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Omitting a science standard for teaching the nation’s students is a big mistake

On March 10, a panel of educators convened by the nation¹s governors and state school superintendents proposed a uniform set of academic standards for all children in U.S. public schools.

On March 10, a panel of educators convened by the nation¹s governors and state school superintendents proposed a uniform set of academic standards for all children in U.S. public schools. The goal of the standards, they said, is to “provide a clear and consistent framework to prepare our children for college and the workforce.” Just one problem: There’s no science.
The standards lay out language arts and math standards, but science — arguably the single most important factor in determining readiness for college and the workforce in the 21st century — and the single most in need of a uniform national standard — is conspicuously absent.
One need look no farther than the sponsoring organization to suppose why.

The National Governors Association is, by nature, a political animal, and with the controversies stirred up by the religious right over teaching evolution or creationism in science class, it’s no wonder they sidestepped the issue, delaying it until an unspecified date. But a proposed national set of school standards that does not include science seems cowardly, and it hurts American credibility and competitiveness in a global economy that is increasingly driven not by language arts, but by science.
In fact, over the last half century, more than half of the economic growth of the United States has been driven by science and technology. Nearly two-thirds of U.S. economic activity today is science- and tech-related. Most of the nation’s major policy challenges revolve around science. And nearly all of modern health science, which has nearly doubled our life spans over the last two centuries, is based on evolution. Yet we have somehow become paralyzed over teaching science.
The National Academies, the Business Roundtable and others have repeatedly pointed out the flight of scientists and engineers to other countries. A recent ranking of the science literacy of school children placed U.S. students 21st, well behind Poland, Hungary and the Czech Republic, and only one point ahead of the Slovak Republic.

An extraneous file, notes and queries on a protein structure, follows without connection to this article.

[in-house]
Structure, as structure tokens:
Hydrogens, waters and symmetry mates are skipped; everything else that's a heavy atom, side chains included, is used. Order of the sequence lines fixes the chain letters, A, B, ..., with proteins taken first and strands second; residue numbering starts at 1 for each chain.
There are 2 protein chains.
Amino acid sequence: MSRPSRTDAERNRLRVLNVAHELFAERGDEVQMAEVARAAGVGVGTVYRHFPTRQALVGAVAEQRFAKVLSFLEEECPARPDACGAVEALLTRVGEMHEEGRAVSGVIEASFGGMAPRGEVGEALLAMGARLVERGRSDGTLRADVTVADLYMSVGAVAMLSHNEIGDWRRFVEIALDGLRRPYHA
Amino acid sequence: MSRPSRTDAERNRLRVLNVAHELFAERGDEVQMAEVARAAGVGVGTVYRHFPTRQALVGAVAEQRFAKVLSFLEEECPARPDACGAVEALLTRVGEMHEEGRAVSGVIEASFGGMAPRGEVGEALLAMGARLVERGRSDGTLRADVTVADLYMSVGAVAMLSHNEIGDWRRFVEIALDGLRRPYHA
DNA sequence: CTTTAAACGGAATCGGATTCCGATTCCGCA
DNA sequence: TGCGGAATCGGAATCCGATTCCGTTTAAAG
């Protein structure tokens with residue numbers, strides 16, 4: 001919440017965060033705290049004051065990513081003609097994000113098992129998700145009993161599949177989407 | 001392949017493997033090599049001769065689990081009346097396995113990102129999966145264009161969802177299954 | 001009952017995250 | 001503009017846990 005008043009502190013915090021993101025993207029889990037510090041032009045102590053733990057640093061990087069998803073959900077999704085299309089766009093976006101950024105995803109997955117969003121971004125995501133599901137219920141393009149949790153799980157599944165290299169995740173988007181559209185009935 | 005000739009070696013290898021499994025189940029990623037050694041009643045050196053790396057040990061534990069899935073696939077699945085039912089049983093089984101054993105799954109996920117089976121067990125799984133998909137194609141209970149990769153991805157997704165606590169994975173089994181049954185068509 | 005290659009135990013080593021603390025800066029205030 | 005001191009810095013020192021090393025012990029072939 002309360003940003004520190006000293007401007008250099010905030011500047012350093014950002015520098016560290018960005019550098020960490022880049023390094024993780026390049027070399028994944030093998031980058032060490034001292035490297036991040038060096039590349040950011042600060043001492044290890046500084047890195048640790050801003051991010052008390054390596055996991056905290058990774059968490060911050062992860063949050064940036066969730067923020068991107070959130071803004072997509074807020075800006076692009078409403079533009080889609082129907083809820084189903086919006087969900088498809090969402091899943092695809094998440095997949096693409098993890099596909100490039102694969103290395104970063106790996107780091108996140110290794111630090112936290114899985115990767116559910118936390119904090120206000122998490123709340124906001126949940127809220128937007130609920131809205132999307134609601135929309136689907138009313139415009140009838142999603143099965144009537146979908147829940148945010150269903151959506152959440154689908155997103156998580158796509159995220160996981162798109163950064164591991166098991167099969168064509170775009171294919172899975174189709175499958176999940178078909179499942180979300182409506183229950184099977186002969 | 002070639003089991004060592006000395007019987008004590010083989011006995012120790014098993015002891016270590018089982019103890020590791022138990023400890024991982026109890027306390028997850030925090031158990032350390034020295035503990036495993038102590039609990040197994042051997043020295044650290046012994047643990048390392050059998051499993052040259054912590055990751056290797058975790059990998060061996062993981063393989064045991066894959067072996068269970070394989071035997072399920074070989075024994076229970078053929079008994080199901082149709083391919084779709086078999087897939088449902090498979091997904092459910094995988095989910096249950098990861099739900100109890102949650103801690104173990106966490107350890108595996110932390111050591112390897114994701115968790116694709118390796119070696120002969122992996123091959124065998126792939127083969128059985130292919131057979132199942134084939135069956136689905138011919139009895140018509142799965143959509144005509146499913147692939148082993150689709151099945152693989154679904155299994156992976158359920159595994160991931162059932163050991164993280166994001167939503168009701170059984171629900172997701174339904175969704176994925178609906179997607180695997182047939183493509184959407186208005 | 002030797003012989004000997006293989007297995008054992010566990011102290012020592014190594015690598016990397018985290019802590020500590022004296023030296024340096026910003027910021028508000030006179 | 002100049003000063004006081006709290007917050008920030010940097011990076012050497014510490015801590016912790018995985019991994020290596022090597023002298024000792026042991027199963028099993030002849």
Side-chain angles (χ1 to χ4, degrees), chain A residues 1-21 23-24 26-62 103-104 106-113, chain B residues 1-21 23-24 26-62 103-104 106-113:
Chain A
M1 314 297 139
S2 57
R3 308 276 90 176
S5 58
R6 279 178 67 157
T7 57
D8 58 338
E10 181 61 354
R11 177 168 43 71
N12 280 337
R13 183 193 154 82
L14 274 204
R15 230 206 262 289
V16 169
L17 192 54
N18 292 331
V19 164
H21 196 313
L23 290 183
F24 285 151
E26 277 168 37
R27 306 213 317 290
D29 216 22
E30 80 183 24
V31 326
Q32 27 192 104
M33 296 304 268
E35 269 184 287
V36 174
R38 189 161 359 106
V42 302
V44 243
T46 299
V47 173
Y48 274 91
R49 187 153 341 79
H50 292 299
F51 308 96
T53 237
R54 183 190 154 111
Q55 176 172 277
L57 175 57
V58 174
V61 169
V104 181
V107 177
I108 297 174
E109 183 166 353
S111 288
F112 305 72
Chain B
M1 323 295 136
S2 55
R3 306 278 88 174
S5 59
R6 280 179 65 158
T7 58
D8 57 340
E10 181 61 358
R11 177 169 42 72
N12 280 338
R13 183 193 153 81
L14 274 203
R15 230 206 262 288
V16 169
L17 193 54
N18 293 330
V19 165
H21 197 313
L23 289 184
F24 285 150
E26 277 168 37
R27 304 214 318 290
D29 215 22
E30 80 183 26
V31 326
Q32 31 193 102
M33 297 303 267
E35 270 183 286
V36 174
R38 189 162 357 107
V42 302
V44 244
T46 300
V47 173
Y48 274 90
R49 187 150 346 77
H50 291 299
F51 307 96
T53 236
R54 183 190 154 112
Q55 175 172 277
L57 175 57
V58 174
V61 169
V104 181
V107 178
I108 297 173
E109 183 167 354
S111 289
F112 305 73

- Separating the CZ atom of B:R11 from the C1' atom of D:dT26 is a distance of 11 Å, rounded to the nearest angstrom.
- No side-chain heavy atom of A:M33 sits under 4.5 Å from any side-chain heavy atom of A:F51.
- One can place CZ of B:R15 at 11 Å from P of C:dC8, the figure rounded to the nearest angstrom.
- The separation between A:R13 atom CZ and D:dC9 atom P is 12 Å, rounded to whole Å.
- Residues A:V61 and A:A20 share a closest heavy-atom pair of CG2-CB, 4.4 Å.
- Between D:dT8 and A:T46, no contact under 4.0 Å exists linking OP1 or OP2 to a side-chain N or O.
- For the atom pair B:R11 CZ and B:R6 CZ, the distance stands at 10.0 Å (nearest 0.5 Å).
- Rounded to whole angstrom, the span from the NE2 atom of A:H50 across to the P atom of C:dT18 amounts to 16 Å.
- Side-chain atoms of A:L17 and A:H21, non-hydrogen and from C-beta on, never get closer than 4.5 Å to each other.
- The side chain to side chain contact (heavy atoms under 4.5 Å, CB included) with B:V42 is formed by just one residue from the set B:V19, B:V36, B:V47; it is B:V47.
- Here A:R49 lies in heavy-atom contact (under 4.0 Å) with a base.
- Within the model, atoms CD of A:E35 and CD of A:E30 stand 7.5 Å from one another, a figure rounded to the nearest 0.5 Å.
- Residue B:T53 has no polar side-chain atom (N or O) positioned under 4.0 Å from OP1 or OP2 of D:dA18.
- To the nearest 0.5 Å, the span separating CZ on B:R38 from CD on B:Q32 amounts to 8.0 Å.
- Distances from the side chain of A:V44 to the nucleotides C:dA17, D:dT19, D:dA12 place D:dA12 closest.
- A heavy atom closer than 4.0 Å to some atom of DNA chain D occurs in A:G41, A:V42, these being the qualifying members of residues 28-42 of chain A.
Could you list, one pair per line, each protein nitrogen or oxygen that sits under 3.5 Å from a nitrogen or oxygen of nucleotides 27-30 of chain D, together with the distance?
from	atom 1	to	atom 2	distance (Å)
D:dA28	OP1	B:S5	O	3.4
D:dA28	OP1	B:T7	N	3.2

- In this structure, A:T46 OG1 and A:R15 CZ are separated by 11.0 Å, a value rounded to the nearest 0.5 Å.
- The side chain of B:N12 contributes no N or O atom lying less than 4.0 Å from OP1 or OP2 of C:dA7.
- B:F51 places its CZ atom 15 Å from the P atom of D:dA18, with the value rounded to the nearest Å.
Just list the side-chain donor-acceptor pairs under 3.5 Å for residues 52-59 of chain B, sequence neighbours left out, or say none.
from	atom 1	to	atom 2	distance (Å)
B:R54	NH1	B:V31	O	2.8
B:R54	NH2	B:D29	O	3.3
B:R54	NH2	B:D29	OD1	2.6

Foreign students are no longer staying to power American intellectual and economic growth to the degree they once were. Now they found universities back home. How can we claim to be preparing our children for college and the workforce if we do not include a standard for science?
This Emperor-has-beautiful-clothes approach may be because there are so few people in politics who understand science and engineering enough to value it. Most of them are lawyers, who assiduously avoided science classes in school.

Less than 6 percent of members of Congress have any background in it, and that’s being generous by including members who were, say, optometrists. Only about 1 percent have a background in the hard sciences. Of governors, if you include veterinarians and people with animal and agronomy science degrees (think ranching and farming), you might get to 10 percent, but in the classic sciences, only Louisiana’s Bobby Jindal and Tennessee’s Phil Bredesen tout science backgrounds (biology and physics, respectively).
This raises the question of what the founding fathers, many of whom were scientists, would make of our current situation. Franklin and Jefferson, especially, would, I suspect, be concerned.

“If the people are well informed,” Jefferson wrote, “they can be trusted with their own government.” One must ask: In an age when the nation’s major challenges revolve around science, are our elected leaders well-enough informed to be able to tackle them? By the education standards the governors are proposing, the answer would appear to be “No.”
Shawn Lawrence Otto is the co-founder and CEO of, an organization co-sponsored by the National Academies and the American Association for the Advancement of Science that works to elevate science in America’s national dialogue. He is the 2009 recipient of the IEEE-USA Distinguished Public Service Award. In his other work, he is a screenwriter.